conclusory affidavit” declaring that its policy was “the least restrictive means of
furthering” its interest in safety and security. In the opinion of the dissenting justices, that
was “not enough to support a denominational preference.”
The dissent said that Ray put forward a “powerful claim that his religious rights”
would be violated when Alabama put him to death. The dissent asserted that the Supreme
Court should have permitted the Eleventh Circuit to hear that claim in full, but that it
refused to allow that so Alabama could “meet its preferred execution date.”
Nelson Madden Black Comment
This issue is unlikely to simply disappear. Numerous commentators have declared
that Alabama’s practice of permitting Christian ministers but not Muslim ministers in these
circumstances violates the Establishment Clause. Future litigation undoubtedly will seek to
challenge the state’s practice, though there have been reports concerning a possible change
in the state’s policy, removing clergy of all faiths from the death chamber.
The Office of Civil Rights (“OCR”) in the U.S. Department of Health and Human
Services (“HHS”) has concluded that faith-based foster care programs in South Carolina are
entitled under the federal Religious Freedom Restoration Act (“RFRA”) to an exception from the
religious nondiscrimination requirements of an HHS regulation.
The issue arose when South Carolina’s governor, Henry McMaster, asked the HHS’s
acting assistant secretary for children and families, “on behalf of South Carolina and faith-based
organizations” operating under South Carolina’s Title IV-E Foster Care Program, for an
exception from the HHS regulation at 45 CFR § 75.300(c) that prohibits subgrantees from
selecting among prospective foster parents on the basis of religion. Governor McMaster sought
the exception for foster care programs to the extent that the prohibition in the regulation
conflicted with their religious exercise.
One such faith-based organization, Miracle Hill Ministries, exclusively recruits foster
parents of a particular religion and accounts for up to 15 percent of South Carolina’s total foster
The governor indicated to the HHS’s acting assistant secretary that he believed that other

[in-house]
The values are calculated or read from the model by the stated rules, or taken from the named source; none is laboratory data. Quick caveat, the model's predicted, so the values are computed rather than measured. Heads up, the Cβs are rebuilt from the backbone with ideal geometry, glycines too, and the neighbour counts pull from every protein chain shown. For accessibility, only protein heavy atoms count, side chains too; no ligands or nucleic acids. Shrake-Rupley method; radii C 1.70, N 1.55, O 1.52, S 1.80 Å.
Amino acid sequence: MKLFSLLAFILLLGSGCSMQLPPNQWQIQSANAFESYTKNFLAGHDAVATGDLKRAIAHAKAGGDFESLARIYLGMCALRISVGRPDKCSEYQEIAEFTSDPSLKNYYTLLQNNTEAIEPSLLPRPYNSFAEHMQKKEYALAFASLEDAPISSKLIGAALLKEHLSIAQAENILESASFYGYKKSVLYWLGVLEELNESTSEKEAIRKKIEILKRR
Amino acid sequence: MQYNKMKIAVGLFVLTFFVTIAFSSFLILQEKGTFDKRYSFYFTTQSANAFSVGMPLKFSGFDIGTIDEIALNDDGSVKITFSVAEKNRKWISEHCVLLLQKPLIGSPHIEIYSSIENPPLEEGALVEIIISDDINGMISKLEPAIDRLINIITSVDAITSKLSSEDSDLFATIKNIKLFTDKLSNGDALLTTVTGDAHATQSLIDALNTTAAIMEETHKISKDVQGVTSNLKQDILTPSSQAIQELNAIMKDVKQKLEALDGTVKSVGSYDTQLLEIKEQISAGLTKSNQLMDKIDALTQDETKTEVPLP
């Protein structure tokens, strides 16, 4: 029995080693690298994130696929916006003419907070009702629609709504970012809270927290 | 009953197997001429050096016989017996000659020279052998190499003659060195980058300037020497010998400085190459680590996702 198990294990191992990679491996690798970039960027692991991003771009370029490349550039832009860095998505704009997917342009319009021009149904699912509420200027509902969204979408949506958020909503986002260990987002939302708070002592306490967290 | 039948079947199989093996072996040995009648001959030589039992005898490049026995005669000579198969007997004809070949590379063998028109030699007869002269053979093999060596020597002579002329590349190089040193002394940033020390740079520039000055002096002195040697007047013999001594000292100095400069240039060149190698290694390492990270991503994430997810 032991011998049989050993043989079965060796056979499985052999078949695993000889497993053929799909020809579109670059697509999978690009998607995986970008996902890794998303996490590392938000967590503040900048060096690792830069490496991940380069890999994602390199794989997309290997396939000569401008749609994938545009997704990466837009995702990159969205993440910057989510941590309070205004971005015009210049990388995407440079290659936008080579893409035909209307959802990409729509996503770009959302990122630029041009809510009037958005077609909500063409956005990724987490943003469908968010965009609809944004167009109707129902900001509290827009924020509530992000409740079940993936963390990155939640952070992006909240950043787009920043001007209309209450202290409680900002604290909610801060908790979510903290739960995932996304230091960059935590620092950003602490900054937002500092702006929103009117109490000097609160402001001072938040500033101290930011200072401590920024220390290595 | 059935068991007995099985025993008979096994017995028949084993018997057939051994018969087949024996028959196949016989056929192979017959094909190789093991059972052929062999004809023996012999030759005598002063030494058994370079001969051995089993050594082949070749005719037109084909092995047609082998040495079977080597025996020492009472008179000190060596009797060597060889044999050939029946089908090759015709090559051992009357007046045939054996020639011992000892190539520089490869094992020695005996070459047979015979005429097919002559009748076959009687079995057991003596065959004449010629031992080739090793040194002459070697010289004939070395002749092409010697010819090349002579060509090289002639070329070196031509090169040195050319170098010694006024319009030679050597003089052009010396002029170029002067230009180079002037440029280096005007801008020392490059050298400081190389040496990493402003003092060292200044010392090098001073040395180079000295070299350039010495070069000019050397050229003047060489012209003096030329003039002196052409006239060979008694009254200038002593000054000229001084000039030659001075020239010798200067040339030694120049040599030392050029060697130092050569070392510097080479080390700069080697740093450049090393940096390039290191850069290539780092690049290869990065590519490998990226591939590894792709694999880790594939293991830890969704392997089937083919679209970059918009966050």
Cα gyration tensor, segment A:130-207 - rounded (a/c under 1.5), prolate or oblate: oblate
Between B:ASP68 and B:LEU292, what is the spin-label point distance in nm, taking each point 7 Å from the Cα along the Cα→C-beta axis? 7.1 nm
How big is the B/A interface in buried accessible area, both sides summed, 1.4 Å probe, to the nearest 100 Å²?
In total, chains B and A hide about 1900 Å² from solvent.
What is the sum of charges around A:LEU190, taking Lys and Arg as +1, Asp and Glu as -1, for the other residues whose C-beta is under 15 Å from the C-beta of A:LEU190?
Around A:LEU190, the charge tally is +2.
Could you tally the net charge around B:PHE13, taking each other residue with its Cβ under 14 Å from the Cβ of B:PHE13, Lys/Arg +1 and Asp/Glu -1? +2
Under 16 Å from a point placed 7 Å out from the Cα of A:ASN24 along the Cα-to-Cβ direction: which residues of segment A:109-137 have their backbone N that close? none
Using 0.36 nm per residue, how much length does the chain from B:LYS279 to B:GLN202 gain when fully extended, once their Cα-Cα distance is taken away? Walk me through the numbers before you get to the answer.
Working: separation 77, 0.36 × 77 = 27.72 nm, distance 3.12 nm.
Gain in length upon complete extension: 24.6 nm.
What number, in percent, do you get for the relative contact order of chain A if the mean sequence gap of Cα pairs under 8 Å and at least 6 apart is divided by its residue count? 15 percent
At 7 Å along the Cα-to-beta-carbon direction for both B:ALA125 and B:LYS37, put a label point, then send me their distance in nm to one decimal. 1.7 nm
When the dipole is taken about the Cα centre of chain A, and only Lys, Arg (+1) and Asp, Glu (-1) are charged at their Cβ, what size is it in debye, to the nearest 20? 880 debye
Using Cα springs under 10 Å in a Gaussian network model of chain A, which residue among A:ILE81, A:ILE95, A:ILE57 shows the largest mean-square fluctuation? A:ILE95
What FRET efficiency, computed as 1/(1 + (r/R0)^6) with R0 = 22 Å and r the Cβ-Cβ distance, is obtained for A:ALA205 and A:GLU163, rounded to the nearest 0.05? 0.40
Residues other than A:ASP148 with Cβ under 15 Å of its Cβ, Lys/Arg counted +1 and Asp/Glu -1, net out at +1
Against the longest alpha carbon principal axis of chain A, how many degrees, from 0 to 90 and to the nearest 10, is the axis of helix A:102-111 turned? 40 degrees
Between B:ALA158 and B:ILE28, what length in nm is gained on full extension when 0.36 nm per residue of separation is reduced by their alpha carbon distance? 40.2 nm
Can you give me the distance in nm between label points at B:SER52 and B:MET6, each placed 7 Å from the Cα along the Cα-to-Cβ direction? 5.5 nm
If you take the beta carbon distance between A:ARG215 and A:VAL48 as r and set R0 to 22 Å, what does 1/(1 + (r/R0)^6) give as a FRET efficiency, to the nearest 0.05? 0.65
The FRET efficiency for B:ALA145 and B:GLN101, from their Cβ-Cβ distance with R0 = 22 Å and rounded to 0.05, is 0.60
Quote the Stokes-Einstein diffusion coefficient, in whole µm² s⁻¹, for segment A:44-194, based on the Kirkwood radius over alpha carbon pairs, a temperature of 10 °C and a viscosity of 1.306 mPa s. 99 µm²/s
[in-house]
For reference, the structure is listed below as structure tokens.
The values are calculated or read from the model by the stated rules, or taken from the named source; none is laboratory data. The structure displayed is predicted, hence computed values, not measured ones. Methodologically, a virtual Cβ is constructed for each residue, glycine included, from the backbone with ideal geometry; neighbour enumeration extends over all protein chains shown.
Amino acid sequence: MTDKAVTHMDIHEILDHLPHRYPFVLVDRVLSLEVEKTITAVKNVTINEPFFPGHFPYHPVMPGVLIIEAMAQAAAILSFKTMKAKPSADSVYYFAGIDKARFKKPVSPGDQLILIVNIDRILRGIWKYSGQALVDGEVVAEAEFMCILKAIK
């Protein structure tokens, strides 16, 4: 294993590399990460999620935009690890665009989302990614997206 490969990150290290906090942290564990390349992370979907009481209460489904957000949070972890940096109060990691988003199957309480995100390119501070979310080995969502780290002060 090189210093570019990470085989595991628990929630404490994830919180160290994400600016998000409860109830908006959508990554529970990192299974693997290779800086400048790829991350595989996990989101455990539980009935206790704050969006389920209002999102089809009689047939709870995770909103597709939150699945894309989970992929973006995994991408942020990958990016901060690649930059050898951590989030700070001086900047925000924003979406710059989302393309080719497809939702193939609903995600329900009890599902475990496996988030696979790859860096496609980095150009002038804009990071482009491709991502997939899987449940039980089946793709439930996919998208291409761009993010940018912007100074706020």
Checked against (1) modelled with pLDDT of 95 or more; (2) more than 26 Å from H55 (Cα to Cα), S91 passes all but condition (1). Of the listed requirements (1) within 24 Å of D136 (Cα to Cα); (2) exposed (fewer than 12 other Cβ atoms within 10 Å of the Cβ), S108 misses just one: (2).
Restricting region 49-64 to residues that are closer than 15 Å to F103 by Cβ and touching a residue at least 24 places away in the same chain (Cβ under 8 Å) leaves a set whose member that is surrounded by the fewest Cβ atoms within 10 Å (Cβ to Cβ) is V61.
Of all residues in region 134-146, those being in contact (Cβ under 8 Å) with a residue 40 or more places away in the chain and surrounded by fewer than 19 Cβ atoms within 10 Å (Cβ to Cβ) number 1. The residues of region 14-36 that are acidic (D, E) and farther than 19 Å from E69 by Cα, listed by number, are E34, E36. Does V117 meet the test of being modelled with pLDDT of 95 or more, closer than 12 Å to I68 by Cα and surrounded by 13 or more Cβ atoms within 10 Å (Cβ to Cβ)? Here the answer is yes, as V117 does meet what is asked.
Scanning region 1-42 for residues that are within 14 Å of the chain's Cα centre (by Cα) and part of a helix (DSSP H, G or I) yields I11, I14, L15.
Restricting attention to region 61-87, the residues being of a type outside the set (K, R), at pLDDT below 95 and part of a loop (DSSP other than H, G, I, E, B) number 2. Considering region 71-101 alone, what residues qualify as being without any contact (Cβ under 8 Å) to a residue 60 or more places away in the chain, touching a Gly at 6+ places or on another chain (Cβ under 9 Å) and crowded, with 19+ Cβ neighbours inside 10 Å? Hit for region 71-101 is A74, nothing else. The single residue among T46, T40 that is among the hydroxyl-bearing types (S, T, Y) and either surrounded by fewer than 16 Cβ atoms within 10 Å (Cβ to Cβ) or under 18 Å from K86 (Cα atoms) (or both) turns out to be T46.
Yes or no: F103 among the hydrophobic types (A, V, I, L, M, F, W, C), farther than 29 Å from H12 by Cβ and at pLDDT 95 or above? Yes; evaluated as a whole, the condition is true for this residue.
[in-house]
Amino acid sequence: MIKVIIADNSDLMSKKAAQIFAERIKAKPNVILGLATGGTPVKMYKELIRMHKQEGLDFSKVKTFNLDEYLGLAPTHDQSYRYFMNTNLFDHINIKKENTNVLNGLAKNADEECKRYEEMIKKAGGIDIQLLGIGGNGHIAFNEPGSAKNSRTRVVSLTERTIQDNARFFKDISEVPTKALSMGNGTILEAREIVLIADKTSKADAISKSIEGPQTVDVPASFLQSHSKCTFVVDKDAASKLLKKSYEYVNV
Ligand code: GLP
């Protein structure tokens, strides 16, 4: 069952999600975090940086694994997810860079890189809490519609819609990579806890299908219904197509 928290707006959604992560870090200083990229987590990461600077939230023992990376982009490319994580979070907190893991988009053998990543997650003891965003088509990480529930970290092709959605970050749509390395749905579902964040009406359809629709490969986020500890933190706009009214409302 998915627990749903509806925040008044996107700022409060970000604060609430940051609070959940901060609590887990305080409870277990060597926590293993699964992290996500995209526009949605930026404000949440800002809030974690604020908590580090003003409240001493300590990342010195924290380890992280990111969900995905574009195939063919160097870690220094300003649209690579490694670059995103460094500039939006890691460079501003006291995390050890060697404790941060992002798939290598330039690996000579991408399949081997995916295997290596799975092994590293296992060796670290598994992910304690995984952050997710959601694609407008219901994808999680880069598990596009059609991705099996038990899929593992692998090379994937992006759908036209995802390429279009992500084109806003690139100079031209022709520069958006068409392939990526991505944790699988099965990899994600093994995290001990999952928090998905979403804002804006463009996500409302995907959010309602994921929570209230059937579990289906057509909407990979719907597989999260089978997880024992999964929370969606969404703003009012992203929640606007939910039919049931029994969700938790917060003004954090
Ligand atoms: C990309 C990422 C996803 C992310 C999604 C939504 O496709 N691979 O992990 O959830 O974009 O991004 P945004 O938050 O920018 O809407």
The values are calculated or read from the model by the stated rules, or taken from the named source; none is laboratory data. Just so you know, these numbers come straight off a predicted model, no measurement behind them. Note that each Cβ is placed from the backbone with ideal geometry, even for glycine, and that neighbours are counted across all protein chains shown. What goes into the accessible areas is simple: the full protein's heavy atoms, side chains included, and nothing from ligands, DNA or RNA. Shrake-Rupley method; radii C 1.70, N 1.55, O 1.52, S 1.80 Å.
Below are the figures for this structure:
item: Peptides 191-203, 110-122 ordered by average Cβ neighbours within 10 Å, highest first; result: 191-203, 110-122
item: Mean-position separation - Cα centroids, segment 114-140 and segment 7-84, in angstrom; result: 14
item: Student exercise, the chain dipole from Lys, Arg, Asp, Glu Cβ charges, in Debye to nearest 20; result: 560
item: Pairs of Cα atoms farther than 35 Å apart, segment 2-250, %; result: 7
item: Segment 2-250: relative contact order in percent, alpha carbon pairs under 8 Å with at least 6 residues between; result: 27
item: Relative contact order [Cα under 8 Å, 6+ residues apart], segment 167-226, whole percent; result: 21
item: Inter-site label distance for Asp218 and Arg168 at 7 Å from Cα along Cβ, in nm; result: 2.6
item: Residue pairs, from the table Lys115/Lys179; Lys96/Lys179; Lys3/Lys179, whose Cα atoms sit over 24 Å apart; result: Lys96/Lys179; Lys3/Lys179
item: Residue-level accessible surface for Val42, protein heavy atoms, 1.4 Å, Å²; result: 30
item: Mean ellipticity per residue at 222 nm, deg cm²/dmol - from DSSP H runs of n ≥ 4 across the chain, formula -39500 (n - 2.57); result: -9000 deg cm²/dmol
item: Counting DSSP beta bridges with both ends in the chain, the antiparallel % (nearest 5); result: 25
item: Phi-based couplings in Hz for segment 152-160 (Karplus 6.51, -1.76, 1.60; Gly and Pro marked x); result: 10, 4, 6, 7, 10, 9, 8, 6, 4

participating faith-based organizations had similar religious exercise concerns.
According to the governor’s request, South Carolina has more than 4,000 children in
foster care, South Carolina needs more child placing agencies, and faith-based organizations “are
essential” to recruiting more families for child placement.
The governor asserted that without the participation of faith-based foster care
organizations, South Carolina would have difficulty continuing to place all children in need of
foster care. Moreover, the governor contended, if South Carolina’s foster care program was not
provided an exception from the regulation, certain faith-based organizations operating under
South Carolina grants would have to abandon their religious beliefs or forego licensure and
funding. The governor said that this would cause hardship to faith-based organizations and to the
state’s foster care program.
Governor McMaster asserted that certain requirements in 45 CFR § 75.300(c) exceeded
any nondiscrimination requirements or authority imposed by federal law, and that these
requirements limited the free exercise of religion of faith-based organizations in violation of
The federal regulation at 45 CFR § 75.300(c) provides:
(c) It is a public policy requirement of HHS that noperson otherwise eligible will be excluded from
participation in, denied the benefits of, or subjected to discrimination in the administration of HHS programs and services based on non-merit factors such as age, disability, sex, race, color, national origin, religion, gender identity, or sexual orientation. Recipients must comply with this public policy requirement in the administration of programs supported by HHS awards.
The OCR’s Decision
The OCR concluded that requirements in 45 CFR § 75.300(c) were “broader than the
nondiscrimination requirements” specified in the federal Foster Care Program law, which applies
to federal grants to states, including South Carolina, which states then distribute to subgrantees
such as Miracle Hill Ministries.
In particular, the OCR determined that subjecting Miracle Hill to the religious
nondiscrimination requirement in 45 CFR § 75.300(c) (by requiring South Carolina to require